Sustain: the alliance for better food and farming (website)

Sustain is a powerful alliance of organisations and communities working together for a better system of food, farming and fishing, and cultivating the movement for change. Together, they advocate food and agriculture policies and practices that enhance the health and welfare of people and animals, improve the working and living environment, enrich society and culture, and promote equity.

The Sustain alliance works to influence government, local authorities, businesses, organisations and decision-makers in a position to influence or achieve change. We advocate for transparency, legal responsibilities, good governance and accountability. We work with sister alliances and organisations in the UK Nations and support experts and groups working on specialist issues where we can lend our weight. We also work with leaders, food partnerships and communities in places across the UK – and internationally – to improve health and sustainability through the mobilisation and celebration of local action on food.

The main sister alliances that Sustain works with include:

  • Eating Better, is a movement for change of sixty organisations working to accelerate the transition from producing and eating too much meat and dairy to a fairer, healthier and more sustainable food system that is better for animal welfare and for nature.
  • Food Sense Wales is built on the foundations of Food Cardiff, a multi-award-winning food partnership and founding member of the Sustainable Food Places Network managed in partnership with the Soil Association, Food Matters and Sustain. Food Sense Wales delivers pioneering programmes such as Sustainable Food Places, Peas Please, and Food Power – bringing people together through food.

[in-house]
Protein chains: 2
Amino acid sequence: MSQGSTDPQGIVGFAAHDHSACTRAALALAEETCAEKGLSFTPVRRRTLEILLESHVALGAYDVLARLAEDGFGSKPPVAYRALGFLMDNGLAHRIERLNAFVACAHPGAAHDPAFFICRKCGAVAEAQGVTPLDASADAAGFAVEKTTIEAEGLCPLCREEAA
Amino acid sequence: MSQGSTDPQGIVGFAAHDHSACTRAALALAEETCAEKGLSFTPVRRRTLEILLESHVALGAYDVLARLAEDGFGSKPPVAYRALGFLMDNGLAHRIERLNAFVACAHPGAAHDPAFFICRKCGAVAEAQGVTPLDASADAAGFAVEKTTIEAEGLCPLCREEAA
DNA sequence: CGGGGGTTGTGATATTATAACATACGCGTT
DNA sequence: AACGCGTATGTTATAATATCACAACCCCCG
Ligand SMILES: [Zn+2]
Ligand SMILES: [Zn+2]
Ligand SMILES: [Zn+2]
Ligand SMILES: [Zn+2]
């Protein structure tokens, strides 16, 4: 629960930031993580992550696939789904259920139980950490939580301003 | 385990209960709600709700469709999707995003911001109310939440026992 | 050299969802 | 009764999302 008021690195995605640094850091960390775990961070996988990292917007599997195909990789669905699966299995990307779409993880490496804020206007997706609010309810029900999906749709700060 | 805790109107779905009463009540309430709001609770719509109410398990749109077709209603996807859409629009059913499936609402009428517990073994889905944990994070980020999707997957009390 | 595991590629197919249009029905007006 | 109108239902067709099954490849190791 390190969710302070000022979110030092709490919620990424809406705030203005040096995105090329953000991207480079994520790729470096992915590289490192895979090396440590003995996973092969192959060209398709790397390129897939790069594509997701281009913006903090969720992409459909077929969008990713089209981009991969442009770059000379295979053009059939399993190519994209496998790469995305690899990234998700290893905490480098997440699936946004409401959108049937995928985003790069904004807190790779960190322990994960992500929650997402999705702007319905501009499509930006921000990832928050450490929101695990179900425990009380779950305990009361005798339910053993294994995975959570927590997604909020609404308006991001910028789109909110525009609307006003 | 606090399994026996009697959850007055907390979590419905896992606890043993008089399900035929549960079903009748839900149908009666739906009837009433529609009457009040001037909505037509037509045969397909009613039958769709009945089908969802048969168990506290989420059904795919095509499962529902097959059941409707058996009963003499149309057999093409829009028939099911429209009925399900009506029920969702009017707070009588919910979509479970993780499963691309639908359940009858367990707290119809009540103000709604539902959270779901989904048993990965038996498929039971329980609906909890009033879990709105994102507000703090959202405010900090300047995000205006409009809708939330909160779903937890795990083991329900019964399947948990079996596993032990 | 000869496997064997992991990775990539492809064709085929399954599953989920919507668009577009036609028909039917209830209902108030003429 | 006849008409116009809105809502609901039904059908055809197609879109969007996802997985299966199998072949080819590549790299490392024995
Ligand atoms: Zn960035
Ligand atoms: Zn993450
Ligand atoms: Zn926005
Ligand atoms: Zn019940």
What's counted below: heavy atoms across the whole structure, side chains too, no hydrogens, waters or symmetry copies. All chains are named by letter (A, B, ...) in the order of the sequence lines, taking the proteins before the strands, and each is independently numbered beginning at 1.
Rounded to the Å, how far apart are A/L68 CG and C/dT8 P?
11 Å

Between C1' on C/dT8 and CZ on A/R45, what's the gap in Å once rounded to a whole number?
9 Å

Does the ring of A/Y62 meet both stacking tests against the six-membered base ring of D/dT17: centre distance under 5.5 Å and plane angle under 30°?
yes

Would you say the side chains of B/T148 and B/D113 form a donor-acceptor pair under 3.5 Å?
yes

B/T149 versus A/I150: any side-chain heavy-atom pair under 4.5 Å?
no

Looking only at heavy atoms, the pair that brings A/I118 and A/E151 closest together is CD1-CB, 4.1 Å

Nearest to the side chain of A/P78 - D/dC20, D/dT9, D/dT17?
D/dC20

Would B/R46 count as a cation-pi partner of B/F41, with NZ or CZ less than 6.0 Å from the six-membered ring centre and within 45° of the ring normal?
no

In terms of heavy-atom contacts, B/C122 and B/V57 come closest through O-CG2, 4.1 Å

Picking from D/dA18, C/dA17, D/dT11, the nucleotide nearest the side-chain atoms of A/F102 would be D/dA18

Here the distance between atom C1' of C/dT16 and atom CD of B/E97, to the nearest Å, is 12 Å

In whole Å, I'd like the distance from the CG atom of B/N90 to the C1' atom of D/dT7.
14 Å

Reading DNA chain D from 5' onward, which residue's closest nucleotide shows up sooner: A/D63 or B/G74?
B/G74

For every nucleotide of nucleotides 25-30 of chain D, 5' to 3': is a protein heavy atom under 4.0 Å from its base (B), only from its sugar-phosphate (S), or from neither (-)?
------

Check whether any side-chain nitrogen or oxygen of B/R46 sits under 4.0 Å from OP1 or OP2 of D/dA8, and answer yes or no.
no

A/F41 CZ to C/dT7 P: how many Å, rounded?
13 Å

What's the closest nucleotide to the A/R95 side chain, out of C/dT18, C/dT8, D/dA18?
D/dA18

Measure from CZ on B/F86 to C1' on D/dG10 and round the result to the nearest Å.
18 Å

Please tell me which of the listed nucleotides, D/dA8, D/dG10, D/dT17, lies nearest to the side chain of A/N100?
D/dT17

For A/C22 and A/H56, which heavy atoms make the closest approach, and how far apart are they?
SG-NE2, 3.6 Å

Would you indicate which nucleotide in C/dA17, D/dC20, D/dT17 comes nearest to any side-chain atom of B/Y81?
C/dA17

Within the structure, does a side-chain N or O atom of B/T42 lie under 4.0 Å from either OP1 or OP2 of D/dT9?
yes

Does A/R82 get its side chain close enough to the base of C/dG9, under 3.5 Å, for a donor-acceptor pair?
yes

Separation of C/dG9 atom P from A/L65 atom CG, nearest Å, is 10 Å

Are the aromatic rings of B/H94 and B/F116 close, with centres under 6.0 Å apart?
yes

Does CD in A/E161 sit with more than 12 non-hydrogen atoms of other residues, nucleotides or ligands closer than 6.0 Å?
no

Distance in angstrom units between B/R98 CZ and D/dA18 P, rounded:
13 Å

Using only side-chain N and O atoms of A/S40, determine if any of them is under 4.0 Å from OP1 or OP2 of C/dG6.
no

• Green Alliance is an independent think tank and charity focused on ambitious leadership for the environment. It works with influential leaders in business, NGOs and politics to accelerate political action and create transformative policy for a green and prosperous UK. Sustain has worked extensively with Green Alliance members, and during the Brexit process with the Greener UK coalition hosted by the Green Alliance, to integrate food and farming into key environmental, fisheries and agriculture policy initiatives.
  • Green Care Coalition, was established in 2016 to promote the commissioning and use of Green Care services, and to give voice to the many organisations in the UK that are committed to delivering or supporting the delivery of high-quality and cost-effective Green Care services. Green Care refers to structured therapy or treatment programmes that take place in natural surroundings and recognise the instinctive connection between nature and health.
  • Nourish Scotland works across Scotland for a fair, healthy and sustainable food system that truly values nature and people. Nourish takes a systems approach to food. This means they work across a wide range of issues and levels: from production to consumption, from practice to policy, and from grassroots to national. They champion integrated approaches to solving the big challenges of the current food system: hunger and malnutrition, diet-related disease, exploitation, loss of biodiversity, and climate change.
  • The Obesity Health Alliance is a coalition of over 40 organisations working together to reduce obesity by influencing government policy. The goal of the Obesity Health Alliance is to prevent obesity-related ill-health by supporting evidence-based population-level policies to help address the wider environmental factors that lead to excess body weight.
  • The Sustainable Soils Alliance is a partnership of farming organisations, businesses, NGOs, applied science and academia working together to restore our soils to health within one generation. The alliance pursues this aim by bringing together the community of stakeholders interested in soil management to debate the scale and nature of the problem, agree on the appropriate indicators and determining factors and identify the relevant policy mechanisms and levers for reform. They engage media and stakeholders, educate the general public and lobby government for a policy framework that will bring about the transformational step change needed to support the development of healthy soil for generations to come.